Wednesday, October 4, 2017

The Power of Prediction Markets
Prediction markets can be uncannily accurate — sometimes. Scientists have begun to understand why they work, and how they can fail.

Summary and Critique by Oddinigwe Onyemenem


In 2012, a group of international psychologists embarked on a project dubbed the “Reproducibility Project” in an effort to repeat dozens of psychology experiments to see which held up. One of the participants, Ann Dreber, who leads a team of behavioral economists at the Stockholm School of Economics, viewed it as an avenue to mix science with gambling and thought it would be fantastic to bet on the outcome. The team was specifically interested to see whether scientists could make good use of prediction markets: mini Wall Streets in which participants buy and sell ‘shares’ in a future event at a price that reflects their collective wisdom about the chance of the event happening. As a control, Dreber and her colleagues first asked a group of psychologists to estimate the odds of replication for each study on the project’s list. Then the researchers set up a prediction market for each study, and gave the same psychologists USD 100 apiece to invest. In 2015, the project had replicated fewer than half of the studies examined and Dreber found that her experts hadn’t done much better than chance with their individual predictions. But working collectively through the markets, they had correctly guessed the outcome 71% of the time. According to Mann, experiments of this nature depict the power of prediction markets to turn individuals’ guesses into forecasts of sometimes startling accuracy.

Mann points out that prediction markets are increasingly being used to make various kinds of forecasts such as the outcomes of sporting events and business decisions. Prediction markets advocates claim that it allows people to aggregate information without the biases that affect traditional forecasting methods such as polls or expert analysis. The application in science was shown by Dreber and her team by giving researchers a fast and low-cost way to identify potential problems with replicated studies. On the other hand, skeptics point out that prediction markets are far from being perfect. This is due to an incorrect notion that a great prediction is almost, always guaranteed when a market is set up. According to Eric Zitzewitz, an economist at Dartmouth College, it is an area of active research to determine the best designs for prediction markets and the limitations. Nevertheless, advocates of prediction markets argue that even imperfect forecasts can be beneficial. For instance, hearing there’s an 80 or 90% chance of rain can make an individual take an umbrella.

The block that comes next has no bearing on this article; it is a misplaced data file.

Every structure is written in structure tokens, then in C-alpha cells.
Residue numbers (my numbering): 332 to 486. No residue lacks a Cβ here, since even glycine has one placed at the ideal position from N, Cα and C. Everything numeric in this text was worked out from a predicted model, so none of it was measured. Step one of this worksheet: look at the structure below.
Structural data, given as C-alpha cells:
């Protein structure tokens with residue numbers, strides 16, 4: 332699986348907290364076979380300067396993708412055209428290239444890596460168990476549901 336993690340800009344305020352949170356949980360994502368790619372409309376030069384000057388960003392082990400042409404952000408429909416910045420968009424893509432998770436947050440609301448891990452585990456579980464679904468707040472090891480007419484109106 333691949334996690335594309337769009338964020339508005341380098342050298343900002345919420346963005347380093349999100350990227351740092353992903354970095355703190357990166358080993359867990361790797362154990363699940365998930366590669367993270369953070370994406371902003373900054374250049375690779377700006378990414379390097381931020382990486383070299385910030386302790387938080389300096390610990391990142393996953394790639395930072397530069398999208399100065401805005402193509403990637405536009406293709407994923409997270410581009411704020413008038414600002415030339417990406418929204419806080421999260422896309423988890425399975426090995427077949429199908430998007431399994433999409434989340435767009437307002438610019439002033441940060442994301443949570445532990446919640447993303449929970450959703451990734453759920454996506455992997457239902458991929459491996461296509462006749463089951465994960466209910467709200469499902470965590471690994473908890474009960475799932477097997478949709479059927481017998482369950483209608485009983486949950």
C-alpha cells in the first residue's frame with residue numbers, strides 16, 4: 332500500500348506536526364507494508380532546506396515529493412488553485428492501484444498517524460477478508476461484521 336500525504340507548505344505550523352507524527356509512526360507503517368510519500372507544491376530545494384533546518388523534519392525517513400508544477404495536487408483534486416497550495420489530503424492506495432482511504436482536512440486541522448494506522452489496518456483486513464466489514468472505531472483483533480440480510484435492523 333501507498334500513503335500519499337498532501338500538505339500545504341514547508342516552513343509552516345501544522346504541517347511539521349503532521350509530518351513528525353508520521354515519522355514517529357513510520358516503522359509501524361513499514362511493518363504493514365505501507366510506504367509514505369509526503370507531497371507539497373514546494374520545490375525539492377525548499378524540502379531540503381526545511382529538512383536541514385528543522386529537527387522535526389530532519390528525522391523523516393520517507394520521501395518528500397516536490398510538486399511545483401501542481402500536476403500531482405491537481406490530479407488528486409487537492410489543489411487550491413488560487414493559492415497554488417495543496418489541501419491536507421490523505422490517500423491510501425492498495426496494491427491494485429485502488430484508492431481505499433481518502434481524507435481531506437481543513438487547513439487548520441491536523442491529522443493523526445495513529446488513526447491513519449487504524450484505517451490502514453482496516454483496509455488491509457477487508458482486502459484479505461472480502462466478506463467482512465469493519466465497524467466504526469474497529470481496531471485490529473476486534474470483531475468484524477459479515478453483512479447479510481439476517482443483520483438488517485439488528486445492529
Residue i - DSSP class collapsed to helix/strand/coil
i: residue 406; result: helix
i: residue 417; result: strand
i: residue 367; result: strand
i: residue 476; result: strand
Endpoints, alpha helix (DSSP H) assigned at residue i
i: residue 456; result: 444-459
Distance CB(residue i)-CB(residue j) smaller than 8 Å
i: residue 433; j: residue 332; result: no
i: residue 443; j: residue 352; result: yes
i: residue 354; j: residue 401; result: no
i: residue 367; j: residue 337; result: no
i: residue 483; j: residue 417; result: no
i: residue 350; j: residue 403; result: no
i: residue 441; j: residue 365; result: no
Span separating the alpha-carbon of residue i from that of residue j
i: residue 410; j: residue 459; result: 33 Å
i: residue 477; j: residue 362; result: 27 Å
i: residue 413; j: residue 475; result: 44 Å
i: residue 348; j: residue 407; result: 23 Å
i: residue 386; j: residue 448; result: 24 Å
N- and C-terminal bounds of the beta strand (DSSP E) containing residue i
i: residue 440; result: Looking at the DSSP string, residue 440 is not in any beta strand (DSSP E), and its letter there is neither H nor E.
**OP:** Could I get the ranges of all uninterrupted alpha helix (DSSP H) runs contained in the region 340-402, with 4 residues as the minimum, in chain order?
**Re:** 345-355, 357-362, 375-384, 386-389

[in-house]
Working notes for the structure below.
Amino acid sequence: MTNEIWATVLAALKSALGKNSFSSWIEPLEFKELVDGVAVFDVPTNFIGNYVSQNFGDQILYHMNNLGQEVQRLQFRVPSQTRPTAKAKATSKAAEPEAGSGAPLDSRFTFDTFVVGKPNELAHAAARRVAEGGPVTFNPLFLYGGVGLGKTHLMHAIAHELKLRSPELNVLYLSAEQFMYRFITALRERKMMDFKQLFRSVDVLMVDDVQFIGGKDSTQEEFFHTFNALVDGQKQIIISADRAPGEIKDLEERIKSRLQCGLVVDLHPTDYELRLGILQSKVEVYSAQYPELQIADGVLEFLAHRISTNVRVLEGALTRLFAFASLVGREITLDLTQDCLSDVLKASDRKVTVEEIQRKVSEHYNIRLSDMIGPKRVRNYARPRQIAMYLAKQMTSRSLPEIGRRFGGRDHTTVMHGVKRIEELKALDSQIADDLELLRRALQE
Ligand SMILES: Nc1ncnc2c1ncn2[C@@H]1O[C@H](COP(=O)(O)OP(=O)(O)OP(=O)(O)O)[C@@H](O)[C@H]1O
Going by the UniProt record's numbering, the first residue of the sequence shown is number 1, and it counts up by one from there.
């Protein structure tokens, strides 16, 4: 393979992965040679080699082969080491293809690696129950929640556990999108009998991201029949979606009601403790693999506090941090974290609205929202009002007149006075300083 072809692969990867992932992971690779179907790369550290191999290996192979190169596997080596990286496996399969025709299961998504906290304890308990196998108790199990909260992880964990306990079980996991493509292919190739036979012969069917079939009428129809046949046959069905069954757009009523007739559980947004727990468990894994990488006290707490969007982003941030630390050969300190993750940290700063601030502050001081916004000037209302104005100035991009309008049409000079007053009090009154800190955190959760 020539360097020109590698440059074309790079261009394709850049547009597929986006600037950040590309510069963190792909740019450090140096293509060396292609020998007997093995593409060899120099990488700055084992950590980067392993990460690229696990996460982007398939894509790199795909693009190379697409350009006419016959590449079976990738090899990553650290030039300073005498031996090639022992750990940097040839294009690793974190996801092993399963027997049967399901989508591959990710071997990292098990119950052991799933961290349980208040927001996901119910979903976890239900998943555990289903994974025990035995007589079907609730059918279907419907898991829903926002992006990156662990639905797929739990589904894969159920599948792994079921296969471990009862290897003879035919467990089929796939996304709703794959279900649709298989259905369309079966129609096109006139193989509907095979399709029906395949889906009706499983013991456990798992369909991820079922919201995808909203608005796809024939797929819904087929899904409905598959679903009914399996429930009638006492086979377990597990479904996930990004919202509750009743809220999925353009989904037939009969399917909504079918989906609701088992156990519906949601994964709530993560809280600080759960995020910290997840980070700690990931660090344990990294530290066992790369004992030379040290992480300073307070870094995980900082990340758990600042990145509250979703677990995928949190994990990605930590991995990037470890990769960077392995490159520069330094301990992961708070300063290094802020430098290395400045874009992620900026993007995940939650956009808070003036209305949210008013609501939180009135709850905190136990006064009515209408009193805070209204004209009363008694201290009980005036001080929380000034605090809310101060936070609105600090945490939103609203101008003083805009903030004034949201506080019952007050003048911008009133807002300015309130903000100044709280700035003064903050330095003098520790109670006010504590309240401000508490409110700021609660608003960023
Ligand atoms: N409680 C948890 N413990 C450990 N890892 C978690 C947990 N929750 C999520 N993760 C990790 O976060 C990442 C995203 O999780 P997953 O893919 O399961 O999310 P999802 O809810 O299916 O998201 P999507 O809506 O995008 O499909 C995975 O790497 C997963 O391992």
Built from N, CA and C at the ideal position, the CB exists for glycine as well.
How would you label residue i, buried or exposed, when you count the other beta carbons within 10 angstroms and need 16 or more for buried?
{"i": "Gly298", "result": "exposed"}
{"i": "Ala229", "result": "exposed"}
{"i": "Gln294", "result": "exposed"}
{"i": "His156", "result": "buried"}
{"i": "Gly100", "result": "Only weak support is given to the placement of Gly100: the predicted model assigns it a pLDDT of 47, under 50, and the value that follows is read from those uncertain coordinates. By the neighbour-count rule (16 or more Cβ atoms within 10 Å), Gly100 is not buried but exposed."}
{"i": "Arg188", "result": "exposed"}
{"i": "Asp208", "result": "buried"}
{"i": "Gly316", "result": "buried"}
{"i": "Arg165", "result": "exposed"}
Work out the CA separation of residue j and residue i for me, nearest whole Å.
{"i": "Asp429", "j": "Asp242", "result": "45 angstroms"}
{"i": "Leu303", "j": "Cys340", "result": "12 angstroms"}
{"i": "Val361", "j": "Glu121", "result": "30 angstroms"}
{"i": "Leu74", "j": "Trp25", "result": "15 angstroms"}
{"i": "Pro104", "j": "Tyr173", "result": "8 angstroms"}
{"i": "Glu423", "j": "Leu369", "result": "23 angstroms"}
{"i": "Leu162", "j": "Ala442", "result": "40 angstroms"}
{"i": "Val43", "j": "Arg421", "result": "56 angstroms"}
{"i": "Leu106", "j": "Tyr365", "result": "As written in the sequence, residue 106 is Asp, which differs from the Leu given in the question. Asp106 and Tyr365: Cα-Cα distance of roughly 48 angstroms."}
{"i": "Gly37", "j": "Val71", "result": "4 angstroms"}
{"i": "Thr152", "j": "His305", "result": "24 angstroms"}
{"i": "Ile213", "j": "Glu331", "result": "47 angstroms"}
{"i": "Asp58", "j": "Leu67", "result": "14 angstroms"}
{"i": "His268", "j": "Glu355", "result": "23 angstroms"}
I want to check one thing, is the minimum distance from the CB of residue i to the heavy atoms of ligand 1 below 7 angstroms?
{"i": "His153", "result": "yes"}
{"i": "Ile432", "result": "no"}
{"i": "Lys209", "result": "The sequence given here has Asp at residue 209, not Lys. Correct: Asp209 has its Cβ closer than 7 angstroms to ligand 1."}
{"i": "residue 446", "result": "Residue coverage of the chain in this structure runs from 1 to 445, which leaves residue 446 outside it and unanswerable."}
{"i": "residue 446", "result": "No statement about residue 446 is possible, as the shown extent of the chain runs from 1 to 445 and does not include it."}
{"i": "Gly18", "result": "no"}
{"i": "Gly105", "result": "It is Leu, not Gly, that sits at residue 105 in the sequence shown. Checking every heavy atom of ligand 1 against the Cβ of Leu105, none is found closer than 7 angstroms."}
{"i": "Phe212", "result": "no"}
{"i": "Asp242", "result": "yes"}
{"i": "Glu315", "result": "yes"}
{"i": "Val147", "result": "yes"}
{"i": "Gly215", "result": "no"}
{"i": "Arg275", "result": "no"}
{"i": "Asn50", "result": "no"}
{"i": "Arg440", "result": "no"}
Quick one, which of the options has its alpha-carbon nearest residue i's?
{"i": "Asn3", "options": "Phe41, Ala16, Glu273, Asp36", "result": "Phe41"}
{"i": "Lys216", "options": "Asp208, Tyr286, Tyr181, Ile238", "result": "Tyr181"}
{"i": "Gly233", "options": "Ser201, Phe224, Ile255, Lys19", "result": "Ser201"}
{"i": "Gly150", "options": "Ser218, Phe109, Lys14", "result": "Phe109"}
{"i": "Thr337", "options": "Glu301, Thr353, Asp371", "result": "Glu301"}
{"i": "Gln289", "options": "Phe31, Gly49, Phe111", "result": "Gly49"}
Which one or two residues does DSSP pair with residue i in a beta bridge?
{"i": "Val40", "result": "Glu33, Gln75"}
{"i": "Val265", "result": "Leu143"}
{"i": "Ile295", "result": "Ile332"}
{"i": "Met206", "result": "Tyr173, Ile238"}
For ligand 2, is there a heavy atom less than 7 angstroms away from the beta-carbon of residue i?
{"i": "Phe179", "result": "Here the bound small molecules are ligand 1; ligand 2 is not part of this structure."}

The prediction-market idea was revived by the spread of the Internet, which dramatically lowered the entry barriers for creating and participating in prediction markets. In 1988, the University of Iowa’s Tippie College of Business launched the not-for-profit Iowa Electronics Market (IEM) as a network- based teaching and research tool. Over the years, IEM has set up several markets to predict election outcomes which a 2008 study found that the its predictions across five presidential elections were more accurate than the polls 74% of the time. The success of the IEM helped to inspire the creation of dozens of other prediction markets.

The article also addresses the fact that prediction markets have also missed the mark by a long shot in several cases. In the Brexit case, the prediction market gave the odds of a stay vote as 85% on the day of the referendum, whereas the outcome was narrowly in favor to leave. Also, prediction markets were off the mark in predicting the outcome of the 2016 US presidential election, which elected Donald Trump instead of the highly-favored to win, Hillary Clinton. These sorts of instances have caused academics to probe prediction markets about why they work so well, their limits and reasons for failures? Mann points out that if prediction markets offer a way to update guesses considering new information, they will do as well or better than other forecasting methods. Prediction markets in general still need to deal with challenges such as how to limit manipulation and overcome biases.


As rightly stated in the article, prediction markets are used in a wide array of markets such as sports, politics, movie, business, technology, etc. While some fully embrace it, others remain highly skeptical due to the possibility of manipulation or infusion of biases.  Research into improving it still needs to be done to ensure, as best as possible, the integrity of the process. In the next decade, prediction markets can be a major driving force behind significantly improving decision-making as more tools are implemented.



  1. I share your concern that prediction markets in general still need to deal with challenges including manipulation and bias. The article addresses the fact that prediction markets have been inaccurate in several cases, specifically the 2016 US presidential election. Given the nature of prediction markets, traders are especially vulnerable to the bandwagon effect and following the wisdom of the crowd. With that being said, Do you think prediction markets are more or less accurate than the delphi method?

  2. I think that prediction markets can really aide in identifying large moving players in an environment. I think that they can be similar to the beginner analysts that Professor Wheaton talked about. Yes nuance would help but even at a basic level I think that they can identify major moving points thus being pretty ok at forecasting.

  3. I also agree there needs to be some nuance. What do you think would be some ways to cut the possible biases and add some nuance to the prediction markets?